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KHN’s ‘What The Health?’: Biden Doubles Down On Obamacare

Presidential candidate Joe Biden unveiled a health plan intended to provide a more moderate alternative to his competitors’ “Medicare for All” plans. It would build on the Affordable Care Act but would go much further. Margot Sanger-Katz of The New York Times, Joanne Kenen of Politico and Kimberly Leonard of the Washington Examiner join KHN’s Julie Rovner to discuss this, plus Planned Parenthood’s very bad week, the U.S. House vote to repeal the health law’s “Cadillac tax” on generous health plans, and the reduction in deaths from opioids.

Different Takes: Lessons On The Differences, If Any, Between Biden, Sanders On Health Care; Medicaid’s Future Needs To Be Front And Center In The Ongoing Discussions

Editorial pages focus on the debate about the future of health care.

Viewpoints: Safe-Store Practices For Guns Would End Many Tragic, Unintentional Shootings; States Need To Ensure Opioid Settlements Go Toward Public Health

Opinion writers weigh in on these and other public health issues.

State Highlights: Lead Paint Suppliers Settle Decades-Long Battle With California For $305M; Lawmakers Call For Increased Scrutiny Over Puerto Rico’s Medicaid Program

Media outlets report on news from California, District of Columbia, Puerto Rico, Illinois, Virginia, Florida, Minnesota, Massachusetts, North Carolina, Ohio, Arizona, Wisconsin and New Hampshire.

Research Roundup: E-Cigarettes; Surgical Safety; And Health Care Affordability

Each week, KHN compiles a selection of recently released health policy studies and briefs.

Dealing With The Loneliness Epidemic: ‘Tea With Strangers’ Group Is Latest Experiment To Bring People Together

To fight isolation, a health problem that a former surgeon general said can be as debilitating as smoking 15 cigarettes a day, several groups are working to create in-person connections. A group started by one former lonely heart in San Francisco invites strangers to talk over tea and has caught on in more than a dozen other cities. Public health news also focuses on: higher rates of memory loss reported among LGBTQ Americans; winners and fairness issues; sleep-tracking devices; drugs that bring on memory loss in older adults; Netflix's decision to re-edit "13 Reasons Why"; critics of "Neuralink'; coping with the heat wave; a new way to diagnose pancreatic cancer; why STI's are more common; mosquitoes; ticks in unsightly places; and more.

Mothers Separated From Children At Border To Sue Trump Administration: ‘To Have Us Separated Was An Injustice.”

Lawyers for the families are set to argue that the U.S. government intended to inflict emotional distress on them. They plan to make that assertion under a law that allows individuals to sue the U.S. government for negligence and misconduct. “The government clearly intended to inflict emotional distress,'' said Erik Walsh, a lawyer with the Washington, D.C.-based law firm Arnold & Porter. News on the border crisis also looks at: how an asylum ban could worsen overcrowding; many teens in Florida released to families; and an agent's alleged harassment of a mother, as well.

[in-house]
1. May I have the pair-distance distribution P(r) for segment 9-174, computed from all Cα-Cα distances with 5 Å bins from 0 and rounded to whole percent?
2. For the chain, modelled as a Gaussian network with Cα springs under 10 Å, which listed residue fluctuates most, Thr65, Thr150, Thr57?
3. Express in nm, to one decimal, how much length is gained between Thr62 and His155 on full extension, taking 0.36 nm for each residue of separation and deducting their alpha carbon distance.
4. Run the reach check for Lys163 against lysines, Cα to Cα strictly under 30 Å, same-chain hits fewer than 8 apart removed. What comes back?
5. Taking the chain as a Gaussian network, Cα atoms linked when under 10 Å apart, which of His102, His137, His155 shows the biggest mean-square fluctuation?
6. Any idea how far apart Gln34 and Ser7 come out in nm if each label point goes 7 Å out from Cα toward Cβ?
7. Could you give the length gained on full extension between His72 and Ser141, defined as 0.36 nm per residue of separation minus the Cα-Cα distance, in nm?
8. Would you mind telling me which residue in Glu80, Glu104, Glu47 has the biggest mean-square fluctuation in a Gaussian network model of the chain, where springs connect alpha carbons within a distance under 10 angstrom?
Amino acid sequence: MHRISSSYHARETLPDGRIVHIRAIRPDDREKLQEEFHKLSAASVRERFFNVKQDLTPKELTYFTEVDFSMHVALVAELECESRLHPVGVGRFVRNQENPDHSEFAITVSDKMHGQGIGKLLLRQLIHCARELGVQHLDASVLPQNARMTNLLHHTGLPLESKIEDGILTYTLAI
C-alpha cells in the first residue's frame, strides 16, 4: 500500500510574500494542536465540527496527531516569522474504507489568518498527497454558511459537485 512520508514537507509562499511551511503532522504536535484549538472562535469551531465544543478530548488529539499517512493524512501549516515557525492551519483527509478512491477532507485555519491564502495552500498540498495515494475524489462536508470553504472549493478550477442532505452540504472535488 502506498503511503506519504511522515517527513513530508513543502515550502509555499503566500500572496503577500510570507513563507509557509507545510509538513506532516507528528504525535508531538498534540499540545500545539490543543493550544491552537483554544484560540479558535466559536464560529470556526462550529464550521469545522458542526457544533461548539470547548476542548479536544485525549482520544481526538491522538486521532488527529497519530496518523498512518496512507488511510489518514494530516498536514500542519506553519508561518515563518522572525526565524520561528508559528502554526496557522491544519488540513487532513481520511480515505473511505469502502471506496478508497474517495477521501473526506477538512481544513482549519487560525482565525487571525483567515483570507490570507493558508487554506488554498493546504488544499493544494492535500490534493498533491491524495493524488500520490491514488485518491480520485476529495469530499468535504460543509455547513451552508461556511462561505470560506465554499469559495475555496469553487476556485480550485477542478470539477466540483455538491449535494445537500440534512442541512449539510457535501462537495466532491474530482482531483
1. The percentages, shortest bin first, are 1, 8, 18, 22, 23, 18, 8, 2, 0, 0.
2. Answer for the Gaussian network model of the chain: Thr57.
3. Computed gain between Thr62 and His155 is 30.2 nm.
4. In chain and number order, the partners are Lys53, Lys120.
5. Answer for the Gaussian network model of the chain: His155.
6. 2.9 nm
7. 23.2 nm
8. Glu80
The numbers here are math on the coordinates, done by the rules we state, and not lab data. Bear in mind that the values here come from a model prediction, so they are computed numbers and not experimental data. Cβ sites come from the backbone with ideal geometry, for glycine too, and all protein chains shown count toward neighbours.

‘You Work … And You Really Pay The Price’: How Middle-Class Americans Are Bearing Brunt Of High Deductible Revolution

While wealthy Americans have been able to weather increasing costs, and the Affordable Care Act helps those on Medicaid afford coverage, the middle class is at a loss. The families have health insurance, but they can't afford care. The divide is creating ever-deepening resentment, especially toward those who receive government help.

People Keep Using Car Sticker Analogy To Argue For Drug Price Transparency. Here’s Why The Comparison Doesn’t Work.

The common comparison of having increased transparency in drug pricing to forcing car companies to add sticker prices is flawed because it overstates the usefulness of the knowledge by implying that patients have much more power to act — to shop around or negotiate — than they actually do. In other pharmaceutical news: lobbying efforts on Capitol Hill, money for a biotech firm, and a CBO projection on the Senate's drug pricing bill.

Planned Parenthood Chief’s Ouster Raises Question: In This Landscape, Can Group Really Steer Away From Abortion Wars?

Interviews with staffers suggest there were managerial problems beneath Dr. Leana Wen's tenure. But the former chief's departure also highlights an organization at a philosophical crossroads. Where Wen wanted to treat abortion less as a war and more as a health care issue, other leaders in the organization see an aggressive leader as necessary in this time of crisis. Meanwhile, cracks are appearing in the anti-abortion movement, as well, even as members rack up victories.
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